“Wholesalers who lose physical space in front of customers will then need to depend on online retailers, who generally don’t purchase stock in advance (for example drop shipments) and who are also not investing in pushing the product in the same way.”
Online Shoppers are Price Driven
Sure, some shoppers are time poor and seeking the convenience of a product delivered but research continues to demonstrate that consumers head in store for product research before making a purchase online – a price-driven decision.
“Price is usually the leading factor for someone shopping online, said Amesbury.
“Even though visually you may think you’re comparing apples to apples you’re not, because you’re completely missing out on the detail and tactile quality that handling a physical product provides.
“This, in turn, leads to the consumer picking something similar, and usually cheaper and inferior in comparison to a boutique wholesale item with a higher price point.
Why Not Go Direct?
Cutting out the middle man seems like a logical solution for wholesalers however Amesbury advises its only a temporary one.
“Whether wholesalers choose to eliminate retailers all together and become self-sufficient in retailing their own products remains to be seen,” she said.
“However, in saying that, wholesalers then miss out on the guarantee of minimum orders or spends that they put in place to keep production running and predictable.
Exclusive In-Store Gains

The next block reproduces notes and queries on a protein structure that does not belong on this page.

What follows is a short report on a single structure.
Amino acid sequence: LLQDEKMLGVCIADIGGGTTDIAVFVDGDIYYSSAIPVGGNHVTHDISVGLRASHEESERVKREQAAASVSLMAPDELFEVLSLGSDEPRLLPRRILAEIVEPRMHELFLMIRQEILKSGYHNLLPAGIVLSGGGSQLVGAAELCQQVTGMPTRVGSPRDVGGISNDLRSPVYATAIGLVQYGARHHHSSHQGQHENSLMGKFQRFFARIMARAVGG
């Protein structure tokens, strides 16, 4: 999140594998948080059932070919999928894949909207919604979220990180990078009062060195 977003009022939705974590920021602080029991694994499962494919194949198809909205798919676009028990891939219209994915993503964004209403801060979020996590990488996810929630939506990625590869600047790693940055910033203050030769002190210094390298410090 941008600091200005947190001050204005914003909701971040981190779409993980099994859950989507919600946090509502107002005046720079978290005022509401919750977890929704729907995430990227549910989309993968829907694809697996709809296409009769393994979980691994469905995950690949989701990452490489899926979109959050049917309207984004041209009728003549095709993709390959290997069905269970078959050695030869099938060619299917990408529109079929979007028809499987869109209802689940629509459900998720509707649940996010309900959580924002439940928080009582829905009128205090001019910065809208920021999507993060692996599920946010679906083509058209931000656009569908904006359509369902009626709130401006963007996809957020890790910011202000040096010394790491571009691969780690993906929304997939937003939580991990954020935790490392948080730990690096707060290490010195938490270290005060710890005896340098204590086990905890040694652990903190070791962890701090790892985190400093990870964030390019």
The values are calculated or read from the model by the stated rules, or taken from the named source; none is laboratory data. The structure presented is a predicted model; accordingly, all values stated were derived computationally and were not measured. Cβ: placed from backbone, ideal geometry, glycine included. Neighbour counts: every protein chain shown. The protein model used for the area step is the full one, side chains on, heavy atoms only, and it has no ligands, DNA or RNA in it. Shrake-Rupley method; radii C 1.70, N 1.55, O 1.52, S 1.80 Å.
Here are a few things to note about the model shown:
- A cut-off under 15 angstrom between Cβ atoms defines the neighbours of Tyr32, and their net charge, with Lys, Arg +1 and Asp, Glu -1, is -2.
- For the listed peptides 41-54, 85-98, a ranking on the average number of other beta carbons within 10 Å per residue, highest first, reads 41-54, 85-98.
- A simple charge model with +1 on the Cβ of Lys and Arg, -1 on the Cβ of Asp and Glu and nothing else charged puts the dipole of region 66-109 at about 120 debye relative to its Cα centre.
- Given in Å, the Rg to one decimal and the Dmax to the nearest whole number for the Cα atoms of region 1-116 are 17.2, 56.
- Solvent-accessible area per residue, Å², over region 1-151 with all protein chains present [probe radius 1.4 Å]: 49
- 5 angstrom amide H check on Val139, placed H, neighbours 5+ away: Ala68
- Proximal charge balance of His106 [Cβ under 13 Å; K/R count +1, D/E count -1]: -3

As the market saturates, customisation for products, unique materials and exclusivity is a growing demand with consumers keen to see these items in person.
“Not being exclusive will make it difficult for a wholesaler to push their luxe quality if no one sees their product,” said Amesbury revealing that it could lead to one of the greatest losses: the “impulse buy”.
“With so much promotion done via social media, a product found and loved in a store will invoke so much more emotion than an inventory image on a website,” she added.
“How many times do you see people snapping something they like in a store that is beautifully styled amongst other complementary products to sell a story, compared to a screenshot of a stock image?”
It’s not quite a war, but it is a topic that certainly needs attention. A solution also shouldn’t need to see wholesalers choosing to supply to either online or brick and mortar.
“If a wholesaler was only supplying online retailers this could prove to be fruitful with a wonderful marketing plan, but humans are tactile and sometimes the feeling of something is all it takes to convince someone of owning a product,” said Amesbury. “It changes that feeling of “want” to a “need” instantaneously.
“Physical stores can combat the competition by having their products listed online as well however this is an upkeep that eats away at their bottom line,” she suggests.
“However, they do have the bonus of providing their customer of the option to visit ‘in-store’ to experience the product, before purchasing.
“Only time will tell which retail style wins out in the end,” concludes Amesbury.
Written by Crystal Amesbury and Angela Fedele